One of the world's smallest and least developed economies - Bhutan - is based on agriculture and forestry, providing the main livelihood for more than 90 per cent of the population. Agriculture consists largely of subsistence farming and animal husbandry.
Most development projects, such as road construction, rely on Indian migrant labour. Bhutan's hydropower potential and its attraction for tourists are key resources. The industrial sector is technologically backward, with most production of the cottage industry type.
Each economic programme takes into account the government's desire to protect the country's environment and cultural traditions. For example, the government in its cautious expansion of the tourist sector encourages the visits of upscale, environmentally conscientious visitors.
Bhutan's economy is wholly dependent on India. It was the benevolent Nehru, who put Bhutan on the path of economic development. India has been the largest donor of external aid to Bhutan and its main development partner.
Bhutan's first Five Year Economic Development Plan (1962-67) was totally funded by India. India had committed Nu/Rs.9000 million (US $ 215 million) for the Eighth Plan (1997-2002).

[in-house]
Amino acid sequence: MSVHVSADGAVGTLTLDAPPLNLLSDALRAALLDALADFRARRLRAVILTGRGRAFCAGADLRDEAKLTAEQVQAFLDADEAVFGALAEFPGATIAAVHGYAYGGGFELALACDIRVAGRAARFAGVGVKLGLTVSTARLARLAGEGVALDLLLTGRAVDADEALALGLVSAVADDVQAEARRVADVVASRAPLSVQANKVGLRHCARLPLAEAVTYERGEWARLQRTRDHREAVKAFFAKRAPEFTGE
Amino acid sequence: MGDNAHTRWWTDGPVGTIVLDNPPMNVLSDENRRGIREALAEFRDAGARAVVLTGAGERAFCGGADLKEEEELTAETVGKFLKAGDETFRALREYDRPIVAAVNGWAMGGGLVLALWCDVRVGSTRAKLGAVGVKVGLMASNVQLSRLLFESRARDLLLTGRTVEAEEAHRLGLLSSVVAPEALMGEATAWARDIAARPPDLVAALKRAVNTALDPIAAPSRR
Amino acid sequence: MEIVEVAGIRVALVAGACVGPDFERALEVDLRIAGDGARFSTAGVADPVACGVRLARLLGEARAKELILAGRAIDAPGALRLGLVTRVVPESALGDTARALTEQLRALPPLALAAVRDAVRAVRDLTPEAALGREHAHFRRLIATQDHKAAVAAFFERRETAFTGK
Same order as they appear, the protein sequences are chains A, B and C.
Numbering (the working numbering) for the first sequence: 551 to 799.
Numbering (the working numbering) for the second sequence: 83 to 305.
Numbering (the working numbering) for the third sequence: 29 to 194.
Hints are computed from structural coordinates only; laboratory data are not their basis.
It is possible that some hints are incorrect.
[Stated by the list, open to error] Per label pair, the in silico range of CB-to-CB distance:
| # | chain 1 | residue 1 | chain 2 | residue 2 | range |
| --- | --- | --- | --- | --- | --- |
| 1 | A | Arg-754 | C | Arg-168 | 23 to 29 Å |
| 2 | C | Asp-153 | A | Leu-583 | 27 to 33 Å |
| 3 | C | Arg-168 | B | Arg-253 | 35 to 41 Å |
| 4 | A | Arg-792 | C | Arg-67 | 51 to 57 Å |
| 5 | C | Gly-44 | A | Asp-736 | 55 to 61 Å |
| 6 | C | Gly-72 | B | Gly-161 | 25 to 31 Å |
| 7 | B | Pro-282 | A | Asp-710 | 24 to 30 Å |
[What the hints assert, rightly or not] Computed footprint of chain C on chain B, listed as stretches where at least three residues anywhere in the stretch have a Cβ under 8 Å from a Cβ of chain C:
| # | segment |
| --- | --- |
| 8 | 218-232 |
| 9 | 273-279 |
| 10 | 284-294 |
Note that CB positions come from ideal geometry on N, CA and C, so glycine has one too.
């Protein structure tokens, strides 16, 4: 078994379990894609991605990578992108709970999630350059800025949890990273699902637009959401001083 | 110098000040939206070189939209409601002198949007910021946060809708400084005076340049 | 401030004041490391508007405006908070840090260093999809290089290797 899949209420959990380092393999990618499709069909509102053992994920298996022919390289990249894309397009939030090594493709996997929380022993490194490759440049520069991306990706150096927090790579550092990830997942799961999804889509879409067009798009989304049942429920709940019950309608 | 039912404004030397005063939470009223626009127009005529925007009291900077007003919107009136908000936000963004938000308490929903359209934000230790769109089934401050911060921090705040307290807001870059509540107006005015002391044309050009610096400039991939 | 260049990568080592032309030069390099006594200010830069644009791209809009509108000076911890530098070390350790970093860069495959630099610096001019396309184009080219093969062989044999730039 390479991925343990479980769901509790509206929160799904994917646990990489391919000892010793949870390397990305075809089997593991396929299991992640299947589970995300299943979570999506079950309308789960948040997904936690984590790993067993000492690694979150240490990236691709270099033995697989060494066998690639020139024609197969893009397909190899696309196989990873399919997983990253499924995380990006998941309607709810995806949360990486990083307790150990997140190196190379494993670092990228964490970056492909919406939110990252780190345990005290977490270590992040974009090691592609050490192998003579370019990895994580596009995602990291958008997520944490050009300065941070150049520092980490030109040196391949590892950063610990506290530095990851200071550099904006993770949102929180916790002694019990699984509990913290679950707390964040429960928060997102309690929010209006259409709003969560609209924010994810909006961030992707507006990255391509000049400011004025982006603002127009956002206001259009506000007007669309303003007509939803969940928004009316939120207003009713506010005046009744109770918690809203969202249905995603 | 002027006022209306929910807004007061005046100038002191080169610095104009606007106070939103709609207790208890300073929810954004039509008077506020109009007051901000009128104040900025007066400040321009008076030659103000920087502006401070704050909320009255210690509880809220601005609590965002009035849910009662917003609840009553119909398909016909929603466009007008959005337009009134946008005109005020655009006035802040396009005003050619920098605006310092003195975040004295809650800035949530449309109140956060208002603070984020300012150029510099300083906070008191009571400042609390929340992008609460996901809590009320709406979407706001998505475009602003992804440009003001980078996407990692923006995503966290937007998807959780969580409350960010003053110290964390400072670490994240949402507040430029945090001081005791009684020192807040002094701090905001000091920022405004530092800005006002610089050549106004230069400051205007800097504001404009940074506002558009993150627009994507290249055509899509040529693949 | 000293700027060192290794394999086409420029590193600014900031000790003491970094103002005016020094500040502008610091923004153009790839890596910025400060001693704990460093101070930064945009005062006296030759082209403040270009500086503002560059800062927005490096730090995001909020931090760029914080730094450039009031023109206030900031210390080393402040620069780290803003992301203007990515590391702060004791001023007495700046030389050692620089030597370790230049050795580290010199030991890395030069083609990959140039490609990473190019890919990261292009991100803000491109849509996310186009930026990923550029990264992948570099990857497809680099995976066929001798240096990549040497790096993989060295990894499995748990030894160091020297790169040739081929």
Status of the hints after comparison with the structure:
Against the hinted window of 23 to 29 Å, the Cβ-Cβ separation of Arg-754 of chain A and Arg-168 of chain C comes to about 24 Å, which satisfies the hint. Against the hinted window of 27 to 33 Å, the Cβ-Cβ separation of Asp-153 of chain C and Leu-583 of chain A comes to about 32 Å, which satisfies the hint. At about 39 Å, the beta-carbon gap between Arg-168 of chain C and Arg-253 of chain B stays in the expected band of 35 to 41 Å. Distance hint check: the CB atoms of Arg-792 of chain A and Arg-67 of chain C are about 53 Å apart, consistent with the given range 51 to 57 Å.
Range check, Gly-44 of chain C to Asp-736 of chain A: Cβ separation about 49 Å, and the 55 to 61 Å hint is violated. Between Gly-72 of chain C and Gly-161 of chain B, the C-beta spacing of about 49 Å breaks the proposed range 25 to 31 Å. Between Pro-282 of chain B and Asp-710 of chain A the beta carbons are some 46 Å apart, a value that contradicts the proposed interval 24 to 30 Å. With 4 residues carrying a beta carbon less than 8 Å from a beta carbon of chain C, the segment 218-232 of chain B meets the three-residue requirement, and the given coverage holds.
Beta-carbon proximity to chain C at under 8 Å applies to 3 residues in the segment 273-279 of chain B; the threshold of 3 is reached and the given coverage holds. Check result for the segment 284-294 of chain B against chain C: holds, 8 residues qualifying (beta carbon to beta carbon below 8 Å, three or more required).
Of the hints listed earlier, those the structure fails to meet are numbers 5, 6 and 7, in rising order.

Once totally dependent on India for its development assistance and government's establishment expenses, Bhutan has been increasingly turning to various bilateral, multilateral, and international finances.
Model education, social, and environment programmes are underway with support from multilateral development organisations.
The United Nations, World Bank, Asian Development Bank, Australia, Austria, Finland, Denmark, Japan, Netherlands, Norway, Canada, Switzerland, Germany, Italy, New Zealand, Sweden, Republic of Korea, United Kingdom and the United States provide foreign aid to Bhutan.
Bhutan's economy saw a healthy growth in 2002 with the GDP climbing to 7.7 per cent in 2002 from 6.6 the previous year, according to the annual report of Bhutan's central bank, the royal monetary authority (RMA), and the momentum was maintained in 2003.
The renewable natural resources sector which includes livestock, forestry, logging and major cash crops like mandarin and apple, continued to dominate the share of the GDP with 33 per cent in 2002.
It remains the most significant sector, employing about 75 per cent of the country's labour force, the report pointed out. Construction and electricity were also key players in 2002, contributing 17 per cent and 9.7 per cent.
GDP: Purchasing power parity - $2.7 billion (2003 est.)
GDP - Real growth rate: 7.7% (2003 est.)
GDP - Per capita: Purchasing power parity - $1,300 (2003 est.)
Budget: Revenues: $146 million expenditures: $152 million, including capital expenditures of NA
Agriculture - Products: Rice, corn, root crops, citrus, food grains; dairy products, eggs
Industries: Cement, wood products, processed fruits, alcoholic beverages, calcium carbide
Electricity - Consumption: 379.5 million kwh (2001)
Exports: 1.4 billion kwh (2001)
Electricity - Imports: 16 million kwh (2001)